A Student And A Father
By Adam Wu, Age 19, Burnaby, BC
I reminisced with a friend recently about the wild things we used to do in school. Besides being able to go to the clubs with their own IDs, for most of my friends not much has changed since then. My life, however, has taken a complete 180.
The days when all I had to do was finish homework are long gone. I've traded cutting class for burning the midnight oil, and chasing girls for the family life. Talk about a reality check. My life has changed so drastically that I have almost nothing in common with most of my friends. On the rare occasions that we get together that becomes quite evident. When all they are worried about is what club they're going to, I'm trying to figure out how in the heck I am going to meet the deadlines for all my school projects, getting enough hours at my job and still have time for my family.
When I found out that I was going to be a father, I had two choices go work for minimum wage or stay in school and follow my dream of being a graphic artist. I didn't have to weigh my options very long. I loathed the possibility of having to wake up day in and day out to drag myself to some monotonous job. But I figured that if I stayed in school, at some point the pain would turn to prosperity. I now go to school through BC's Open Learning Program and have a part time job which helps pay the bills.
My girlfriend and mother of my child is finishing her high school through home schooling. We get help from family as well as some government assistance. With one thing or another, we get by.
It is very difficult to try to balance school, assignments and my job let alone find for my family and a little social life.
Consequently, I spend less time at home and have less energy to do things with my family. All my efforts at maintaining a balance in my life have gone out the window, replaced by an ongoing struggle inside of me. When I am at the drawing board doing homework, I feel I should be at the park with my daughter. When I am at the park with my daughter, I feel I should be at the drawing board.
When I talk to my friends about all the responsibility that I have, they just shake their heads sympathetically with that "I'm glad I'm not you" look on their faces. Most of them are still pretty much living carefree, but for me, it's do or die. The choices that I make now will determine how my family and I live in the future.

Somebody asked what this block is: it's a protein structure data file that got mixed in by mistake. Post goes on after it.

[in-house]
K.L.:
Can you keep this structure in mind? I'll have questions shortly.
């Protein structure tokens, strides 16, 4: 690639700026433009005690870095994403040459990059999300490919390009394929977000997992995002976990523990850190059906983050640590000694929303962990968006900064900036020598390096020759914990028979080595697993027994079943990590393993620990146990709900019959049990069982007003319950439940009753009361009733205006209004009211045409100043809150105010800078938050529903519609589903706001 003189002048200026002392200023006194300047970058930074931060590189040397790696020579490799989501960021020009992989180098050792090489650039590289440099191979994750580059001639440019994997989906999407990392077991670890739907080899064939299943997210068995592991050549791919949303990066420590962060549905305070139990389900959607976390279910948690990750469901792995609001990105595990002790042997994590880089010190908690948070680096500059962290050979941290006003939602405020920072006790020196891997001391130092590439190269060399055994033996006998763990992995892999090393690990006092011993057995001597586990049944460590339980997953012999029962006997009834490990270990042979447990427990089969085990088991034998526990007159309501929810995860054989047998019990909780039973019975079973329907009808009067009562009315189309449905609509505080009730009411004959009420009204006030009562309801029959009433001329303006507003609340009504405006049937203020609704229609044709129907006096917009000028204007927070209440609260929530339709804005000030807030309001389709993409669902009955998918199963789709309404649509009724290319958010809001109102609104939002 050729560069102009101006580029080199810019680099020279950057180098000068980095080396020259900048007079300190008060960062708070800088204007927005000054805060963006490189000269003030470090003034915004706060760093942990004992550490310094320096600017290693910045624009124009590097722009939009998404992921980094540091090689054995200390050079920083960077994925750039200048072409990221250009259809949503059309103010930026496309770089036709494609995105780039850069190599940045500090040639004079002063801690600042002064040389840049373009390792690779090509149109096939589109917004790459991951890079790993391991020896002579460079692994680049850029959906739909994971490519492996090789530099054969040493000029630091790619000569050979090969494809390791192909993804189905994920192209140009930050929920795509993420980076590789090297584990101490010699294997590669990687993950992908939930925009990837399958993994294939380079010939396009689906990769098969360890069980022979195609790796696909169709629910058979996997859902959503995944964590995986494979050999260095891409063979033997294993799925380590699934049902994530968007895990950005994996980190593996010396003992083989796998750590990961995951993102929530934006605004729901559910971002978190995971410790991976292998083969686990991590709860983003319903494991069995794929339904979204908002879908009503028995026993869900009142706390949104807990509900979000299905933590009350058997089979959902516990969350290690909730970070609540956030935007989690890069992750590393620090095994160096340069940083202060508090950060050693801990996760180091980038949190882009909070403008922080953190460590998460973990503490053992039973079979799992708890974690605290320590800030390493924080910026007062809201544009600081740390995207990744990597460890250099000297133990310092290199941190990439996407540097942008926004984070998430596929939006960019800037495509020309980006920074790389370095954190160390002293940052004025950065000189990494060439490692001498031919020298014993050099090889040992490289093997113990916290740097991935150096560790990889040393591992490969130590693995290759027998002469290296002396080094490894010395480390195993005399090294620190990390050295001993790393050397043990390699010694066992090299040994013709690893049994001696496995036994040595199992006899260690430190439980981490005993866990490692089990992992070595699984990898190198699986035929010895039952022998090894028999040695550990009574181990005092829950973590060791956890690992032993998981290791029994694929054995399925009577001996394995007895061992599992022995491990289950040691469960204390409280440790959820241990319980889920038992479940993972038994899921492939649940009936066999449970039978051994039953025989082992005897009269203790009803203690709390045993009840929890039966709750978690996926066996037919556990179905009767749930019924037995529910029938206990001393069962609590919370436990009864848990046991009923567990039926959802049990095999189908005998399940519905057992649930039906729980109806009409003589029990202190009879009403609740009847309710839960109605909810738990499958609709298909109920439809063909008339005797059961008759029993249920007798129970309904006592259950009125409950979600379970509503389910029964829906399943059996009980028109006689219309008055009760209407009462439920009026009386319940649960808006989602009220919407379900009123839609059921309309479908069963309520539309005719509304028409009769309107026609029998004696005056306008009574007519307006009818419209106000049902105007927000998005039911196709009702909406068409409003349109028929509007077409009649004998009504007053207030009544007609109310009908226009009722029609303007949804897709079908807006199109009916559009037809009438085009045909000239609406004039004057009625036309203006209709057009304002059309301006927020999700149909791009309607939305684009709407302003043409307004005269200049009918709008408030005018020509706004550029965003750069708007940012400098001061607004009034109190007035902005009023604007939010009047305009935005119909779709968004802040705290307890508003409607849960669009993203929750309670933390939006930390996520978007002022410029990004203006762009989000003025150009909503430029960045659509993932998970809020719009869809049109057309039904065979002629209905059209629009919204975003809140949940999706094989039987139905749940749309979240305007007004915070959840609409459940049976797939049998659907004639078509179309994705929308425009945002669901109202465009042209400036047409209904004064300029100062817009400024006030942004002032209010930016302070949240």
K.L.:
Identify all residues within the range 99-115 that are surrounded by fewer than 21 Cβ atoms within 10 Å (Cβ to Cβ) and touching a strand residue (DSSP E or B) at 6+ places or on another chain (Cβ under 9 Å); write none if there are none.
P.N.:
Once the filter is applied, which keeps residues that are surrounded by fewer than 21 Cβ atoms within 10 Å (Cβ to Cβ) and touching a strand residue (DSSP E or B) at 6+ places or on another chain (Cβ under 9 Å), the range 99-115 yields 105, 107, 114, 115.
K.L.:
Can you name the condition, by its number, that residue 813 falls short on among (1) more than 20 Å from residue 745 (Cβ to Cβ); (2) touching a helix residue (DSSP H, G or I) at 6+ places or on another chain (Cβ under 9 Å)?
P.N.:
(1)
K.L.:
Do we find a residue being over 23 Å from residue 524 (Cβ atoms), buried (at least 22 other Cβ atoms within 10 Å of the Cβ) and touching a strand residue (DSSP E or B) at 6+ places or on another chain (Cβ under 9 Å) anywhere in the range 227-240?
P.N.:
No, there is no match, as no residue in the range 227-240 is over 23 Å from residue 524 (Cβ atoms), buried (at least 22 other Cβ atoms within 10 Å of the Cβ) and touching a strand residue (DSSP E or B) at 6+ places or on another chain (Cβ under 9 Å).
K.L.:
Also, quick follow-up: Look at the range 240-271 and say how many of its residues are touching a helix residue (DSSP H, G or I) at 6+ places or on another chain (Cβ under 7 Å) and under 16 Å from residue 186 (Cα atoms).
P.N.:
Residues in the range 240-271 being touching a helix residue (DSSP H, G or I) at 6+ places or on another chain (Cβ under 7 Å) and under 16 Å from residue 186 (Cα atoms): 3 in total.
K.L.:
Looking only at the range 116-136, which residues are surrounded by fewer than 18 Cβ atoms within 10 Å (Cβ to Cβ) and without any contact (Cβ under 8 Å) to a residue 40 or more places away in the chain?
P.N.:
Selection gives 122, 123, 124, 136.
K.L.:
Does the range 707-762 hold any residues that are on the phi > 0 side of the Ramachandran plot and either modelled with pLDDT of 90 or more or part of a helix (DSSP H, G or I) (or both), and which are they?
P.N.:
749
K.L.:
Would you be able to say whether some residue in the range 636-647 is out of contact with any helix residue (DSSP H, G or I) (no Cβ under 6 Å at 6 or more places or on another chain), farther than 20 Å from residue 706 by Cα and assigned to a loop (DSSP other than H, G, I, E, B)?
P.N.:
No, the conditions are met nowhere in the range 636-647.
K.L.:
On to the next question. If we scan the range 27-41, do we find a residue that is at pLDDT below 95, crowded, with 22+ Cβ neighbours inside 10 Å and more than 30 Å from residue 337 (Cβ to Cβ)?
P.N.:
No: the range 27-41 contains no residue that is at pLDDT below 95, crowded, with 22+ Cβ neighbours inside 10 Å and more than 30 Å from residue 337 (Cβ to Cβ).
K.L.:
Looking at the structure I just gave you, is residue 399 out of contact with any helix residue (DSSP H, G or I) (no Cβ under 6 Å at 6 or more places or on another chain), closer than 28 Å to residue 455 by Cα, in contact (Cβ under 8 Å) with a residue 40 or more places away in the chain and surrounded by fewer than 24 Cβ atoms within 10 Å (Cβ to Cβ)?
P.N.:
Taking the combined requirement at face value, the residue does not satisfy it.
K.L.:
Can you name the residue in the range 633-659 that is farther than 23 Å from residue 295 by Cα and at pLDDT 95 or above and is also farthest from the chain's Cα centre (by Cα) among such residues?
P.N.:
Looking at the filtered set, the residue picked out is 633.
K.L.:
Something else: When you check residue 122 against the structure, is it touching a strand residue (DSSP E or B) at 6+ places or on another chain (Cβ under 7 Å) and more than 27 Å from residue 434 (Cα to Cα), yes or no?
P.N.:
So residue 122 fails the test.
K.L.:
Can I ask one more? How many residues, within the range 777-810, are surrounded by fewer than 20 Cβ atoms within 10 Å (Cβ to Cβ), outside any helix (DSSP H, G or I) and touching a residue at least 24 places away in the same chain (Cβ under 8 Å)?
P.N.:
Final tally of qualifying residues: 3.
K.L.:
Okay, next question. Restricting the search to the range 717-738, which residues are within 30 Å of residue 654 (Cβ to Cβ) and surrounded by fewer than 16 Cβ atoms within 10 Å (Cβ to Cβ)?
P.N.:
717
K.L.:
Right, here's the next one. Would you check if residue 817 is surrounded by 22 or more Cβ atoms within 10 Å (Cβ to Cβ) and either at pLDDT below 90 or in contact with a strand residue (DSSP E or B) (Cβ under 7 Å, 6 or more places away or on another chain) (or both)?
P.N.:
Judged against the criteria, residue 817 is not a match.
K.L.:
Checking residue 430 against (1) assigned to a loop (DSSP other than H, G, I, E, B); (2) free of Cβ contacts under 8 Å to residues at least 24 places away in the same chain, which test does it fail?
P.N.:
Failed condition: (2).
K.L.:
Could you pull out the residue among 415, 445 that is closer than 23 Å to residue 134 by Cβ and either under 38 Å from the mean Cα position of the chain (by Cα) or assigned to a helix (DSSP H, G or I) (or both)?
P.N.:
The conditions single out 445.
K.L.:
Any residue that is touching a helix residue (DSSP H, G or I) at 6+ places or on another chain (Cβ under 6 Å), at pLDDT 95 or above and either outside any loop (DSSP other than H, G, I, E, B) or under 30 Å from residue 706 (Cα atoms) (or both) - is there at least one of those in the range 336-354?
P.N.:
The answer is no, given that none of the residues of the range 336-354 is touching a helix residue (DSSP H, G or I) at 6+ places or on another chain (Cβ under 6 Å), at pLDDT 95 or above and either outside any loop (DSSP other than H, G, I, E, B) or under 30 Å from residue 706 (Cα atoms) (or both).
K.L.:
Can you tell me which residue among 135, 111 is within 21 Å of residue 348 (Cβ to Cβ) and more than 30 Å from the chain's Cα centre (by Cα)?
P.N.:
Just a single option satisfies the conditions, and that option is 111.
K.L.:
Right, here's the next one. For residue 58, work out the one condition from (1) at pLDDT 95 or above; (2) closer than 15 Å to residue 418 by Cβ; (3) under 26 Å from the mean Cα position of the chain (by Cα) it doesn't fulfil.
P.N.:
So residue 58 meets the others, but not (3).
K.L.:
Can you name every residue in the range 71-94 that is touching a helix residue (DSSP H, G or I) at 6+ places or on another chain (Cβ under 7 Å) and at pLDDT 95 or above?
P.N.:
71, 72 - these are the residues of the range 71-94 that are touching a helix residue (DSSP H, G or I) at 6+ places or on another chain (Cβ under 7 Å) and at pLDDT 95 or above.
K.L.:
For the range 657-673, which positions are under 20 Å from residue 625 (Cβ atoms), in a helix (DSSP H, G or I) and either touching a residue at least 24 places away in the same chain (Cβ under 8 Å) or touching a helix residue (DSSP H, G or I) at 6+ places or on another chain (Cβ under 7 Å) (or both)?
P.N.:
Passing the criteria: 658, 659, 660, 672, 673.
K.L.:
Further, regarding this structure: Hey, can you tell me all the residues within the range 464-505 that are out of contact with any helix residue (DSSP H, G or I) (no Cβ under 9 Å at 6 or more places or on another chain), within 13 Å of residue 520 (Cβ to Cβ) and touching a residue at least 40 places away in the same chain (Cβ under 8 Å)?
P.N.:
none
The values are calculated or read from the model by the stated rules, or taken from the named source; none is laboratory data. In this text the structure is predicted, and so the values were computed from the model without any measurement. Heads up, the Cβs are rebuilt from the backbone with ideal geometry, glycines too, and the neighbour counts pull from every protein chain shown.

I struggle constantly with the tremendous emotional and physical drain that goes with being a parent and a student. People praise me for my perseverance, but to be totally honest I don't deserve any praise. If it were up to me I probably would have thrown in the towel a long time ago. The only reason why I haven't is because of my daughter. I am thankful for a good relationship my girlfriend, Jas. Whether we stay together or not, we are committed to provided a strong, healthy environment for our child.
As my perspective has changed, I have begun to see quite a few advantages that I now have because of my situation. When kids at my school are busy partying and getting drunk, I'm drawing and spending time with my family. And when my classmates are taking ski trips and European vacations, I'm studying. The pressure to support my family and the fear of failing has fueled a fire in me.
Whenever the thought of giving up even crosses my mind, all I have to do is think about my daughter. That little girl has kept me going on many sleepless nights. If I had to do it all over, I would, but this time I would get the timing right and wait until I'm done with school to start a family.
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